What Kinsley's Kindergarten Situation Will Look Like Next Year

It seems a little unreal to write the title for this post. How? How are we five years into this entire situation already? It seems impossible to be five years on the other side of that pregnancy that turned our entire lives upside down in the best way possible. And here we are. Talking kindergarten. 


There were so many choices that we could have made in terms of Kinsley and school for next year. We could have sent her to a moderate skills kindergarten class in our current school district. This was the decision that her current teachers and school team had made. It would be a class that was higher functioning kids, and they would be learning the gen-ed curriculum, but in a class that wasn't inclusive with gen-ed peers, but would allow her the opportunity to possibly "mix" her with gen-ed peers during PE, music, and other elective classes. 

We had two different preschool options. She could either go to a private preschool that Derek and I would pay out of pocket for, or she could have gone to the community preschool in our same school that she currently attends, but she would have lost all her special education services, and it would have only been two days a week in both situations, private or public school. 

Then there was a third option. An autism charter school that is technically in our school district boundaries, but because it's a charter school, it's dealt with at a state level, and not a district level. There was a lottery to get into this school, and I kind of threw Kinsley's name in at the last minute not really thinking that we'd get in, and then low and behold we did. Which now meant we had four options for next school year, and no idea on how to proceed. 

Derek and I felt that because Kinsley has a late August birthday, that she should wait until she is six to start kindergarten because being the youngest in her class, and having a disability felt like an unfair advantage to put her in. We're not trying to deny the fact that she needs special education services, and that holding her back a year would put her in a normal gen-ed class for kindergarten when she's six... but what we're hoping is that when she is in 5th or 6th grade and they're potentially thinking about transitioning her to a gen-ed class, it could potentially be easier for her to make that jump if she's the oldest kid trying to transition into a gen-ed class instead of having the disadvantage of being the youngest and trying to bridge the gap with peers that are an entire year older than her. We wanted to set her up for the most amount of success for a potential transition to general education later in life.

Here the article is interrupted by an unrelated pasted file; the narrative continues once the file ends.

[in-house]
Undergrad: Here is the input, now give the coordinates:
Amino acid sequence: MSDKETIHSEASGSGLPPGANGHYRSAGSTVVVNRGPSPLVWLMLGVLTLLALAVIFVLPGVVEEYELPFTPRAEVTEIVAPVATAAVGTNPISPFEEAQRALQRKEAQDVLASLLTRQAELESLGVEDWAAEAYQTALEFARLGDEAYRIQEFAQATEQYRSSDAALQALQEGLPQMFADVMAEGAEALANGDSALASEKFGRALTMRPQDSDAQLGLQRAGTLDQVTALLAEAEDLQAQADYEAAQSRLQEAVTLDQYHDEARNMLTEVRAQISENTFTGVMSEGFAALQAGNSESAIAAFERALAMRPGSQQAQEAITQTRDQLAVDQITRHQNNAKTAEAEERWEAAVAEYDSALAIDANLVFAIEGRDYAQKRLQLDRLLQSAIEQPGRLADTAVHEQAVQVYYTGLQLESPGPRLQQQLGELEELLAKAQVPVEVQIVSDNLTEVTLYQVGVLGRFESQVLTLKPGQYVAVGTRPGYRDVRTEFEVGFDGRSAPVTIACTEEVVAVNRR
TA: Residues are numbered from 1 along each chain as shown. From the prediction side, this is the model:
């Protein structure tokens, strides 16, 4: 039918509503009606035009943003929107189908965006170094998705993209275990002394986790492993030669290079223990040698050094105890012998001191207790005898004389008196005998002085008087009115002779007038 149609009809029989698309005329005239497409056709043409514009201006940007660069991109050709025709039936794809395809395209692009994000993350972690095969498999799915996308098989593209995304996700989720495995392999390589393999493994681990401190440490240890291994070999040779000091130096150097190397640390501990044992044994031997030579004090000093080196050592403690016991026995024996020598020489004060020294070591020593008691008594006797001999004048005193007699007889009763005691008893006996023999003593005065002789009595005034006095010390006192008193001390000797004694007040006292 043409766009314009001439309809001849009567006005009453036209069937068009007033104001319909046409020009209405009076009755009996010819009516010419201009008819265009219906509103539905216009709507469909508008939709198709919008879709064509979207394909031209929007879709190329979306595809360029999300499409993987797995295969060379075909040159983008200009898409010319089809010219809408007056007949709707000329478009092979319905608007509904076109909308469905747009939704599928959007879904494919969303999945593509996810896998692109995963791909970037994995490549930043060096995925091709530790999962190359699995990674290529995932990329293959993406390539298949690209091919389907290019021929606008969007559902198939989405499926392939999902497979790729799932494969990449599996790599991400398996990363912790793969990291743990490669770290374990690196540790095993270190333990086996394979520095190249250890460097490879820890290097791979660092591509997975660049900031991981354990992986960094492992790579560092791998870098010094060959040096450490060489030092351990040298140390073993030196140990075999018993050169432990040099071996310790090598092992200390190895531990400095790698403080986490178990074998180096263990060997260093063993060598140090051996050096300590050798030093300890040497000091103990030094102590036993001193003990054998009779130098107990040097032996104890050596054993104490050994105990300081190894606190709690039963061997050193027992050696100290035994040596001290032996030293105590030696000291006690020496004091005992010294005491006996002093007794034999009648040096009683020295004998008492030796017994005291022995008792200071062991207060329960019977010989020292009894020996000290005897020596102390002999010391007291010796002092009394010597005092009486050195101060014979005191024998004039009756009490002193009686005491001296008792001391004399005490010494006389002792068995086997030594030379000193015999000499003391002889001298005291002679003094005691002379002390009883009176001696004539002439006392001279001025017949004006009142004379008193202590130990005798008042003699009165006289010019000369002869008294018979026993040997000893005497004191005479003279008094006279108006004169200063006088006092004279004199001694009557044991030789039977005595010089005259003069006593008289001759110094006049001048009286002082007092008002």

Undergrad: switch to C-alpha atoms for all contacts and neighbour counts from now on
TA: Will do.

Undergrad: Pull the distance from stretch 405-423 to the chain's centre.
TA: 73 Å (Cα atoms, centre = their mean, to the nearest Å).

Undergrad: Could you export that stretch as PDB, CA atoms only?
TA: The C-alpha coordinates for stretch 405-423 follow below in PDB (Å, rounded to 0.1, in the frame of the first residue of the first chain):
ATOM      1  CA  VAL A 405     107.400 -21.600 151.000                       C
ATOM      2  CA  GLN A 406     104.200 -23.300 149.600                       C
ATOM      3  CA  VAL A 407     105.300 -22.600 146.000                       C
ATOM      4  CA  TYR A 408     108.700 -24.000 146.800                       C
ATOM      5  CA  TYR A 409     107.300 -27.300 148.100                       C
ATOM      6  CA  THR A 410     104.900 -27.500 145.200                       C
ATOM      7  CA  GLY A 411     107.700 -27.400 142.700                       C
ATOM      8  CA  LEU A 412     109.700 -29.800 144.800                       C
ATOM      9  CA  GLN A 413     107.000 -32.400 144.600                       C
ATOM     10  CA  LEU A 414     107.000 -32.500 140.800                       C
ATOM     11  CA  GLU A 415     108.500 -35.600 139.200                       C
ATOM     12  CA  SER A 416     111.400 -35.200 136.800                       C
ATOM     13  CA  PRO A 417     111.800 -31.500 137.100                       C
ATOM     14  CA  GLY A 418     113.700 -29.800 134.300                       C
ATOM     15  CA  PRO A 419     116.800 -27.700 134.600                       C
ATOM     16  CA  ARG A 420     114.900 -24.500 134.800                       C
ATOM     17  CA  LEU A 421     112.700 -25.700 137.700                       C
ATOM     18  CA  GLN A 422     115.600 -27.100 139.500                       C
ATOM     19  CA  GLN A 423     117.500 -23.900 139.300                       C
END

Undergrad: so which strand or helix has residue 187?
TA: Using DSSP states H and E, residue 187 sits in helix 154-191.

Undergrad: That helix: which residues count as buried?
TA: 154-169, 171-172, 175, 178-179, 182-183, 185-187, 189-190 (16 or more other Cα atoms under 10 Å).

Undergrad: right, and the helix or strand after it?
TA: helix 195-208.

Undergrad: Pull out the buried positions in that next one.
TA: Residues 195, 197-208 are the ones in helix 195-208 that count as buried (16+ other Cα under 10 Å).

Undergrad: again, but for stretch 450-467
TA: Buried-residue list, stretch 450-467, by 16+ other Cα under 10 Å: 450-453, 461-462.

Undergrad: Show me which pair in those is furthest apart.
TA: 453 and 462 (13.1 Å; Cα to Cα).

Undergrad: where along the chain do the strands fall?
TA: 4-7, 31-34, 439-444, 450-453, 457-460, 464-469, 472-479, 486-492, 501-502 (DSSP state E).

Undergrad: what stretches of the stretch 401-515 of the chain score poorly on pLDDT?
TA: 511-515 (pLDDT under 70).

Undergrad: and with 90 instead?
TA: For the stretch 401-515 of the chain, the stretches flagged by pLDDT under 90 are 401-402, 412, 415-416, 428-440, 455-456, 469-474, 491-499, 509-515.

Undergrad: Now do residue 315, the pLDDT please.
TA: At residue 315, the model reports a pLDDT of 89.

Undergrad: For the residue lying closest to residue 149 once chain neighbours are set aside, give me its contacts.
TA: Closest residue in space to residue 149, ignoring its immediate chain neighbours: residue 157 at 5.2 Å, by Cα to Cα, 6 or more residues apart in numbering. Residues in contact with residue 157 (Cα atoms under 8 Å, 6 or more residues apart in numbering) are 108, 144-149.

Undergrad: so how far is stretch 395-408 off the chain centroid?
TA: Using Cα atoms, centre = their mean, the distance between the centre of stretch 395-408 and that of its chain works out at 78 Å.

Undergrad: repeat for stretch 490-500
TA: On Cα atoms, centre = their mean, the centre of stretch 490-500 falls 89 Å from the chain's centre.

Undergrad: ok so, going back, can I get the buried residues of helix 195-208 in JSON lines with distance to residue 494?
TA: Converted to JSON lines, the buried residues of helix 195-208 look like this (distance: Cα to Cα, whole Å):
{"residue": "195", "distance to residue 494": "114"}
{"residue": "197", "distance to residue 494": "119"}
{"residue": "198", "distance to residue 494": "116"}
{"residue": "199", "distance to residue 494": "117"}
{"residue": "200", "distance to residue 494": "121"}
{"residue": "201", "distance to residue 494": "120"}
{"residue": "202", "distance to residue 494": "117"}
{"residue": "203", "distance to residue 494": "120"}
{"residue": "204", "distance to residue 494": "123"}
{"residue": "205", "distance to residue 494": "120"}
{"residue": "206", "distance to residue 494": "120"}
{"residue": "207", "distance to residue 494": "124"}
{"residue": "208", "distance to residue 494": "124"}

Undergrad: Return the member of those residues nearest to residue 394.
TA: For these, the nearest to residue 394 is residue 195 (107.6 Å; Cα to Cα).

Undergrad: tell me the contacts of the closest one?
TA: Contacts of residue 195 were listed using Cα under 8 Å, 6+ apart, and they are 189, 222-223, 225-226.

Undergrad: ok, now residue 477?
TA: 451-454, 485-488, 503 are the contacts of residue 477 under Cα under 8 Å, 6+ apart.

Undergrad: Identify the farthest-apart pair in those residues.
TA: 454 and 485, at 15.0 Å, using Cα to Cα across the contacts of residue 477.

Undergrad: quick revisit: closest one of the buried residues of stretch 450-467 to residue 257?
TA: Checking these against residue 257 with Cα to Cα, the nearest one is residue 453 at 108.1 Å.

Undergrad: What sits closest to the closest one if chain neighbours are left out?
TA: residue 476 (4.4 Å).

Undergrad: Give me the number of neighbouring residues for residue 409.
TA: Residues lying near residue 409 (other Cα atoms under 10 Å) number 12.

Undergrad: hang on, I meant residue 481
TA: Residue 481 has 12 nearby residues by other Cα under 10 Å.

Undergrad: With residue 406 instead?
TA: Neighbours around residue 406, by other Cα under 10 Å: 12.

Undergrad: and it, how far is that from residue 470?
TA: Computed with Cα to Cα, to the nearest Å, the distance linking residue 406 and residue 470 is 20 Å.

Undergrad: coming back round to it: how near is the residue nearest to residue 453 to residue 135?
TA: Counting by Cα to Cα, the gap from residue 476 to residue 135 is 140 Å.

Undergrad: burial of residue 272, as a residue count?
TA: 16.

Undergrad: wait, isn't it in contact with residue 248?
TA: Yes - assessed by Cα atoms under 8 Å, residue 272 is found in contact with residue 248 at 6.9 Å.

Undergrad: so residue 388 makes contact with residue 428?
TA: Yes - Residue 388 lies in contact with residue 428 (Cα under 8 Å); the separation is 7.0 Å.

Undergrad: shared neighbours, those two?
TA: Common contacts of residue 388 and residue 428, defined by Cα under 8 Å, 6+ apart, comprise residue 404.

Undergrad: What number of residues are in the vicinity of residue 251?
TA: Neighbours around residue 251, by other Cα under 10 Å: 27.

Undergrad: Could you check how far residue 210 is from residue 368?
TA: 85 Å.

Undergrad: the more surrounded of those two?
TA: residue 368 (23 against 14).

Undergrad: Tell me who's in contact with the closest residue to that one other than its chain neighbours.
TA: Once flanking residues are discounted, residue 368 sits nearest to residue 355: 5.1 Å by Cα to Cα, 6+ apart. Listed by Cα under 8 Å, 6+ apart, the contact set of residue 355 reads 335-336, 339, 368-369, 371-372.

Initially we had planned on sending her to a private preschool that would have been in a person's basement. We actually haven't told that teacher yet that she's not coming and haven't looked into our deposit money or anything. We'd talked with Kinsley's PT who I'd forced into helping us make this decision, and he thought the private preschool would be the best option for her, and agreed waiting for her to start kindergarten would be best. This was at a time when the school district was trying to tell us they would not let her do another year of preschool with them (and spoiler, they lied to us and she could do a third year...).